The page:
Working with Propeller Theatre

Who are Propeller Theatre?

Since the 1990’s, Edward Hall’s Propeller Theatre has been taking their physical, radical and often outrageous approach to performing Shakespeare. Having won a vast array of awards over the last 30 thirty years, their productions are powerful, visceral and hard-hitting. Their work is a mix of rigorous text work and modern physical theatre. They have been influenced by mask work, animation, film and music from all ages.

What is their style of performance?

Their production of Richard III epitomises their style perfectly. Directed by Edward Hall, as all of their productions are, he is not afraid to take risks. In an interview, Hall says that in Richard III he’s done a few quite outrageous things that he’s never done on a stage in twenty years. He’s set the play in a gothic Victorian hospital and featuring evocative, bloody imagery in the style of Grand Guignol. The interpretation swiftly changes from gallows humour to rage and madness in a blink of an eye. Every line spoken by the actors brings forth the blood thirsty nature of the play. As one reviewer described it, this is not a Richard for the purists but there’s plenty of imagination on display here even if some of the poetry has been lost.

And that is the focus for Propeller Theatre. Their aim is to unlock Shakespeare for a modern audience, especially a young audience. They style is also about creating a total theatre performance. Everything they do on stage is designed to contribute to the narrative. Including music, one thing that Propeller Theatre particularly prides itself on is creating all its music and sound effects in view of the audience to establish a credible background to the action.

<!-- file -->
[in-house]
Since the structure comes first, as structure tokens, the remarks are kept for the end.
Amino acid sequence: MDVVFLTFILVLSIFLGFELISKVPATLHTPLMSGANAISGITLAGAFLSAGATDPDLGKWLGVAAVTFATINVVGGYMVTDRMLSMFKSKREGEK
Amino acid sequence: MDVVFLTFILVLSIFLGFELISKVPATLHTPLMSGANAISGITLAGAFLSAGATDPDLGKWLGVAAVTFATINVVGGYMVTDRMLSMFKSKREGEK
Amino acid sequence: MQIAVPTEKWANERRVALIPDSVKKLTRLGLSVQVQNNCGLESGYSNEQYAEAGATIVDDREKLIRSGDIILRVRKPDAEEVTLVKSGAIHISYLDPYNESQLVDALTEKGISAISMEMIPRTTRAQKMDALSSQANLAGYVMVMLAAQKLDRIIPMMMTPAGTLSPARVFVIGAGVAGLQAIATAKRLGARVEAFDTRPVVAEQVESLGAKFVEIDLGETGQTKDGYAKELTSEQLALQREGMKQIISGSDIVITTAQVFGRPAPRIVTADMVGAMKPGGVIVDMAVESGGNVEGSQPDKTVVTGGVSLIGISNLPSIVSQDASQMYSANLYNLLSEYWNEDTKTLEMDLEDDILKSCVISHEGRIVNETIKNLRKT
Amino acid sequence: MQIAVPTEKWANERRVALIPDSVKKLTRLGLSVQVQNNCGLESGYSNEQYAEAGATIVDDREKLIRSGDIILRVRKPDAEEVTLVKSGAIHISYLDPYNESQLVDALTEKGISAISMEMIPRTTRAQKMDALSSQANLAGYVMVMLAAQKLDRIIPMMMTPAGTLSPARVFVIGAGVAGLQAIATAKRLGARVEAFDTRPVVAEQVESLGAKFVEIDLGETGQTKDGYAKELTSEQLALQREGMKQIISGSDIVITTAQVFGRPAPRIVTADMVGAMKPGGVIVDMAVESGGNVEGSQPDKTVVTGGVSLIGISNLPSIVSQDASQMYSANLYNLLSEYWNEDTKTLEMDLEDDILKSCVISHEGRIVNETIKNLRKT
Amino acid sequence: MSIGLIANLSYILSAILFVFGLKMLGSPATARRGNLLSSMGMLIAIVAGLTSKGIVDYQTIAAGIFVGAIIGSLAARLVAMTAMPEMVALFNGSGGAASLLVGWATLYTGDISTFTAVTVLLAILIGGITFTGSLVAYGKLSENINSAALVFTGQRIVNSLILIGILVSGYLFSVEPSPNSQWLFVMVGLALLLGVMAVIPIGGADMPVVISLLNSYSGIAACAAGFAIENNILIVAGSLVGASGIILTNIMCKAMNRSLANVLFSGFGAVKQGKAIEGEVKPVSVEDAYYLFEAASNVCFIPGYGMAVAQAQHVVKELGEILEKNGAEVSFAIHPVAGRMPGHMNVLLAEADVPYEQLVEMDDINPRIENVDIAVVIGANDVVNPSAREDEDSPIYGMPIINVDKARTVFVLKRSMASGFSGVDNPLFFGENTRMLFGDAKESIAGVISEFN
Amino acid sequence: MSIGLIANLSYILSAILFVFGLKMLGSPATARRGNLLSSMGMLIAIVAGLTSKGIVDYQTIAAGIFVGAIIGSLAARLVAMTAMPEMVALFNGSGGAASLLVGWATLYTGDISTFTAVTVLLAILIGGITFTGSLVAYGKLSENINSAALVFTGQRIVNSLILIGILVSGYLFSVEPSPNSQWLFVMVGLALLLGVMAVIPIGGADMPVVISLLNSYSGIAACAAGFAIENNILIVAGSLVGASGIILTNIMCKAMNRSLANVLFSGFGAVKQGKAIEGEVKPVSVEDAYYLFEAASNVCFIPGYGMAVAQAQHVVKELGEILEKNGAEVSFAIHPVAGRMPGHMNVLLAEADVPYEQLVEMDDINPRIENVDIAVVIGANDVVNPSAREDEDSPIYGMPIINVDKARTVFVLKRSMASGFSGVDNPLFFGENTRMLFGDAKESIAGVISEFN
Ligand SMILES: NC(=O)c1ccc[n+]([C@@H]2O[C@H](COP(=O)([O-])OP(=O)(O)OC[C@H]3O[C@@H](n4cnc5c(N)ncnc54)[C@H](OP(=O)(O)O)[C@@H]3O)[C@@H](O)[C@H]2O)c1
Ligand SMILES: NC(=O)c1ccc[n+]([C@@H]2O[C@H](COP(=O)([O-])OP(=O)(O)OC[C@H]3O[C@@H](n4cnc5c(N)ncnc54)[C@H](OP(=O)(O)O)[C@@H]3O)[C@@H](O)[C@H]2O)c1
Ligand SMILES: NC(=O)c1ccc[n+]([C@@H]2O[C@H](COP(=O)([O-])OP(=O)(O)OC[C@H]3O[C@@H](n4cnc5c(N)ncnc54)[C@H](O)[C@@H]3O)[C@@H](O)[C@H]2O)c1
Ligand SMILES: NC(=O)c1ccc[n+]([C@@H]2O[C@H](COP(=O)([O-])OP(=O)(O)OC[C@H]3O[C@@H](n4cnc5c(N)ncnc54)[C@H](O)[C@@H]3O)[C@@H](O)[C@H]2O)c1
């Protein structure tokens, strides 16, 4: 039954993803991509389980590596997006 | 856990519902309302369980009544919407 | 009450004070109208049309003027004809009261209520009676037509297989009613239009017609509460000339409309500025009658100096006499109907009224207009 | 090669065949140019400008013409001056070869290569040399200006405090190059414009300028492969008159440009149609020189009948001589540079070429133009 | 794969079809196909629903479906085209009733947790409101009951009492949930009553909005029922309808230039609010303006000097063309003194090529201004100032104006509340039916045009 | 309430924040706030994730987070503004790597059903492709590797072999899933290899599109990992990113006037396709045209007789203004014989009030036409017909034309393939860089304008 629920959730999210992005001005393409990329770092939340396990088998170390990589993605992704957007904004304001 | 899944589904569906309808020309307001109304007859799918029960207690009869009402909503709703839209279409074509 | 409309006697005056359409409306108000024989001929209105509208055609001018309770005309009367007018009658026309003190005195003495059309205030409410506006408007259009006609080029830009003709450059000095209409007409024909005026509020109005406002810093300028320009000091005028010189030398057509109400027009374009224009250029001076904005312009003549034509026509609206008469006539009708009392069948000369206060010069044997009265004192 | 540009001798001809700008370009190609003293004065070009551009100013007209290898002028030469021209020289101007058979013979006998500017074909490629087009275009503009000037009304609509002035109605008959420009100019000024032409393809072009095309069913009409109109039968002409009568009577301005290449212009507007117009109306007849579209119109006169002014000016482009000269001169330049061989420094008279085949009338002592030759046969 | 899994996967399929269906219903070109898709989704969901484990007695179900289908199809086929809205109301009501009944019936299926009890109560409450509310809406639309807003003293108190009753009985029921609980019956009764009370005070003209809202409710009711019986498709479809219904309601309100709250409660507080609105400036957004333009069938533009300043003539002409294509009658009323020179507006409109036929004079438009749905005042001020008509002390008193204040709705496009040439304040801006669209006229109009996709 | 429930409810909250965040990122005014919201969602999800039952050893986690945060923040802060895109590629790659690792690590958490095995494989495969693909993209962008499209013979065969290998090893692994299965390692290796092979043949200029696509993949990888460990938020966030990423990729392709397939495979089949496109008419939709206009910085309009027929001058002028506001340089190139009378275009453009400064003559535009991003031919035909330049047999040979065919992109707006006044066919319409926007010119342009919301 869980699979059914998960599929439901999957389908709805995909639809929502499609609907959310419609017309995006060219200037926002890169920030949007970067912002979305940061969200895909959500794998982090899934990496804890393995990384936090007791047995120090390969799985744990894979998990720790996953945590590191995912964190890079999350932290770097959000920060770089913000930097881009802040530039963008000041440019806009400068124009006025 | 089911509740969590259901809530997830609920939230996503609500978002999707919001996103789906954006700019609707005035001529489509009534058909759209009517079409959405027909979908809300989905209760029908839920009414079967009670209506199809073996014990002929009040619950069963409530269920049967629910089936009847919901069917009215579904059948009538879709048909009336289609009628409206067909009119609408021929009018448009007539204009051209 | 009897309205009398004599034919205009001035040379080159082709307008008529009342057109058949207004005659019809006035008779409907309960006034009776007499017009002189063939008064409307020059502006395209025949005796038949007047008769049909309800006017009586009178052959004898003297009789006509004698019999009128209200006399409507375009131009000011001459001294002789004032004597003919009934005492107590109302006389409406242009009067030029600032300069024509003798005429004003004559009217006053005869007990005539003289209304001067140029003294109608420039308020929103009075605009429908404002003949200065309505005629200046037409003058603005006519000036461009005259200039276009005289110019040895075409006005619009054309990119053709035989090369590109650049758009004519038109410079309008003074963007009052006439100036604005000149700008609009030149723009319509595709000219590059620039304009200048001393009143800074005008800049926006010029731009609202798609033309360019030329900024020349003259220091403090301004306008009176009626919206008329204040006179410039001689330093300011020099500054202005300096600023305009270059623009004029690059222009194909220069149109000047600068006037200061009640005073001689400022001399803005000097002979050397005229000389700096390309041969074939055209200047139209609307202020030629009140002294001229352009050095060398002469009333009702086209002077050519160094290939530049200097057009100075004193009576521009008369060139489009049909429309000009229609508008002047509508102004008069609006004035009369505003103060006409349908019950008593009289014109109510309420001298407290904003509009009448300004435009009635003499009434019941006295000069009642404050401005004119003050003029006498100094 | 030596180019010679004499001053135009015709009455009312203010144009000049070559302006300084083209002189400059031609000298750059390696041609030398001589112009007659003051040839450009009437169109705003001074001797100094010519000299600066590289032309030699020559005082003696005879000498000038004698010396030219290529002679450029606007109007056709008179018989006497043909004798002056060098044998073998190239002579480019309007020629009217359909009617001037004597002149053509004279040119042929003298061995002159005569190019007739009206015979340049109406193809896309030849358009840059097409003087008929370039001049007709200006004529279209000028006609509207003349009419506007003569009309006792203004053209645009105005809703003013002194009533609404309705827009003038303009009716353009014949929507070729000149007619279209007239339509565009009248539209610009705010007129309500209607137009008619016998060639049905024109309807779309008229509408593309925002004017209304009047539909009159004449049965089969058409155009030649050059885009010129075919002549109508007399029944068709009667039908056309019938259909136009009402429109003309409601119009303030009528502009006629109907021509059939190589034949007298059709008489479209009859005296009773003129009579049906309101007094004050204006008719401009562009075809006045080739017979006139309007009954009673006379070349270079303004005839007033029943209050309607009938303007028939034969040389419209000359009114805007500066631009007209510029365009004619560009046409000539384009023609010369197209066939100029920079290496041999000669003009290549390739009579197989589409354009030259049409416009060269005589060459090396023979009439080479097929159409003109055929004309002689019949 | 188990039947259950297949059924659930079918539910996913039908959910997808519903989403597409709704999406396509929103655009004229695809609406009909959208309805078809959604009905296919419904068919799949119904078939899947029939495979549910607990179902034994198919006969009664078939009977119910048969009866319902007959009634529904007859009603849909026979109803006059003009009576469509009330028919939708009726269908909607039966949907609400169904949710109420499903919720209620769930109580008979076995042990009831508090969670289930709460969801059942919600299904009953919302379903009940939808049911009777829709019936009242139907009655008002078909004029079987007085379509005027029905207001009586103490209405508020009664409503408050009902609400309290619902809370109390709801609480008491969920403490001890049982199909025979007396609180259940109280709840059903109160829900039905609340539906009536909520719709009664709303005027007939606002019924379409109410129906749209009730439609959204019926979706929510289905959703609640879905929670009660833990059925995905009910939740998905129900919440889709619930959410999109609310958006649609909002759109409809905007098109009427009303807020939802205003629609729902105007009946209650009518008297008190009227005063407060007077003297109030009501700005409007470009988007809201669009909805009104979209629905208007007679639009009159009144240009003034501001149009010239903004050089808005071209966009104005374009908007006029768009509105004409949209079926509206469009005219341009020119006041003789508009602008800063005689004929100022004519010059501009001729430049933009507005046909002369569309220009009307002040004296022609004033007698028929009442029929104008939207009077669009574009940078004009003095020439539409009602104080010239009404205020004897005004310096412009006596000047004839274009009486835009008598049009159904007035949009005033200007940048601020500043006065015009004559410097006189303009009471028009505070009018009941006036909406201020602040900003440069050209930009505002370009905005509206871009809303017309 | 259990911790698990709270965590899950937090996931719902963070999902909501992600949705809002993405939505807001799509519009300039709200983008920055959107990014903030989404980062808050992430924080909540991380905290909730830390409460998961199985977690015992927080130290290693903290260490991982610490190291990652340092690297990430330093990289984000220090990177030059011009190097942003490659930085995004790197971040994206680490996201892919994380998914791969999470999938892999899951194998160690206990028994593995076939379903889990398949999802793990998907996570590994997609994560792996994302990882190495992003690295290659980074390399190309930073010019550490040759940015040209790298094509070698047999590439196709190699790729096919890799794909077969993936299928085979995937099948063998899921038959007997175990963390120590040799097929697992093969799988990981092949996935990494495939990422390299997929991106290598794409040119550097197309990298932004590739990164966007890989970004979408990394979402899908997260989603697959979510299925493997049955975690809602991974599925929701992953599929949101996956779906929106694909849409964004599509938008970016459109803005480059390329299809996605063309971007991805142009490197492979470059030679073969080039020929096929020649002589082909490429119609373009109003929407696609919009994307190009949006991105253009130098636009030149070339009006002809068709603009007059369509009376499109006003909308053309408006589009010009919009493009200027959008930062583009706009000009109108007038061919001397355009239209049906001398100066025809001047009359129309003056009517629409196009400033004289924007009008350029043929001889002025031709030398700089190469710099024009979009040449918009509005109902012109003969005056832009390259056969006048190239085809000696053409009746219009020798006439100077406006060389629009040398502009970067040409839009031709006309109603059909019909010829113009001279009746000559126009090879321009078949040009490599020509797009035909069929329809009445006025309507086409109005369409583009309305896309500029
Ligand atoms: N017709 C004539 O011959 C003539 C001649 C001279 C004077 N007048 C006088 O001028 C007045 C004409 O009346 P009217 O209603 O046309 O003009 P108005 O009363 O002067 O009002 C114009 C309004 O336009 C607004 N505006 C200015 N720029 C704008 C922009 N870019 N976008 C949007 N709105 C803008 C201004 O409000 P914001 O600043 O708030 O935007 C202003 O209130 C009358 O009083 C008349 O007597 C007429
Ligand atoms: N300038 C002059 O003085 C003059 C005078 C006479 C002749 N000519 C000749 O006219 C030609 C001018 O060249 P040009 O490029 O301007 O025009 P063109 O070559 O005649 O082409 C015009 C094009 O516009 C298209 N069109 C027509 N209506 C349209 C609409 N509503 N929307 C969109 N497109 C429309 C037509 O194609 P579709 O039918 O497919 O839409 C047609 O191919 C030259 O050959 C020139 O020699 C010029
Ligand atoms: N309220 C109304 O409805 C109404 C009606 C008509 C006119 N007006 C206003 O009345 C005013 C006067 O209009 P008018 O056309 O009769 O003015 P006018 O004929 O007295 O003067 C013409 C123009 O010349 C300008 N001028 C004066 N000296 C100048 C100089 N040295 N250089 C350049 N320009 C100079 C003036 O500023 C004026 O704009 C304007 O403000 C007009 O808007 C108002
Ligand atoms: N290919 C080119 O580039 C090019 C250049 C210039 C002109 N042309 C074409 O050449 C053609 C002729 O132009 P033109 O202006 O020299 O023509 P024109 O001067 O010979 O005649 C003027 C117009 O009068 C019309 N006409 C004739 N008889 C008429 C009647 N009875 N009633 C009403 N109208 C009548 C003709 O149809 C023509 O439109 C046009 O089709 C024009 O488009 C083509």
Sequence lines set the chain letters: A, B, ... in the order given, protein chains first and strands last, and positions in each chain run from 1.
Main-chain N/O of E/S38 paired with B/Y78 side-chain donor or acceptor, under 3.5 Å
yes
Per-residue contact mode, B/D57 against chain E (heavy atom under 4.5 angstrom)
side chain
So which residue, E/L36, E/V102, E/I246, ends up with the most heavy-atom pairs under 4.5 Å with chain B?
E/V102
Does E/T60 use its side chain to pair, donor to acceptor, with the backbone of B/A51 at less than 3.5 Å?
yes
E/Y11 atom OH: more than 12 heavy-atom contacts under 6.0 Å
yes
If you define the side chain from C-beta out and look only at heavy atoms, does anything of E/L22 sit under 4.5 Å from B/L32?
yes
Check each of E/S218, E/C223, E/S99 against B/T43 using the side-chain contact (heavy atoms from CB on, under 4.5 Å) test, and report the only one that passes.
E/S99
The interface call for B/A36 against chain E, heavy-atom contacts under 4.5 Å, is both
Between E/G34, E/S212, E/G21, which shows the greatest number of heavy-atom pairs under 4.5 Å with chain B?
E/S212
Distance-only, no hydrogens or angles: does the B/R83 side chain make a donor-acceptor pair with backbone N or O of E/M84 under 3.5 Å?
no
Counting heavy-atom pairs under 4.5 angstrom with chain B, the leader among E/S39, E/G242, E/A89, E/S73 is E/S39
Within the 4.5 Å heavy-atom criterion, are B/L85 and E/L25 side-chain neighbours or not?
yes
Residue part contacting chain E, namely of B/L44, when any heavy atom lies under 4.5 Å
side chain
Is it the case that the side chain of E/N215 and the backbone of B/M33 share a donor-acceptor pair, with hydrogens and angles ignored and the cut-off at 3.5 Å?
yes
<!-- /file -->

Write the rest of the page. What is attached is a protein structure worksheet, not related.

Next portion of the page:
Examples of their work

Here is a YouTube playlist that I have curated to showcase the work of Propeller Theatre and Edward Hall’s direction.

Getting practical with Propeller Theatre

Activity 1

A key element to the work of Propeller Theatre is reimagining a Shakespeare text to a new, often gruesome, context.  This is a process called transposing. Think of a Shakespeare play that you are familiar with and consider how the play could be transformed into a new context. In a true Propeller Theatre style, try to take it to an extreme and consider how every part of the production can be transposed. So that is characters, setting, context, content and meaning.

Activity 2

Explore the first scene of the play and spend time working on the text. Read it carefully and annotate the text for meaning, context and interpretation. Make sure that every word in the text is understood by everyone and that you can explain it in several different ways. Ensure that everyone understands the context of every line: how it fits into the scene, the play, the character, the themes and issues within the play and how it relates to the audience. Finally, how does the line transpose into the new setting you are giving it?

Activity 3

Perform the first scene of the play, but place it in a deliberately tough location so that it impedes the acting, like an office where the audience sit in the doorway watching the action unfold. Find creative, unusual and interesting solutions to the problems of staging in that location.


Finally create a soundscape for the action, so that there is continuous sound throughout the scene that both adds and underlines the tension within the scene.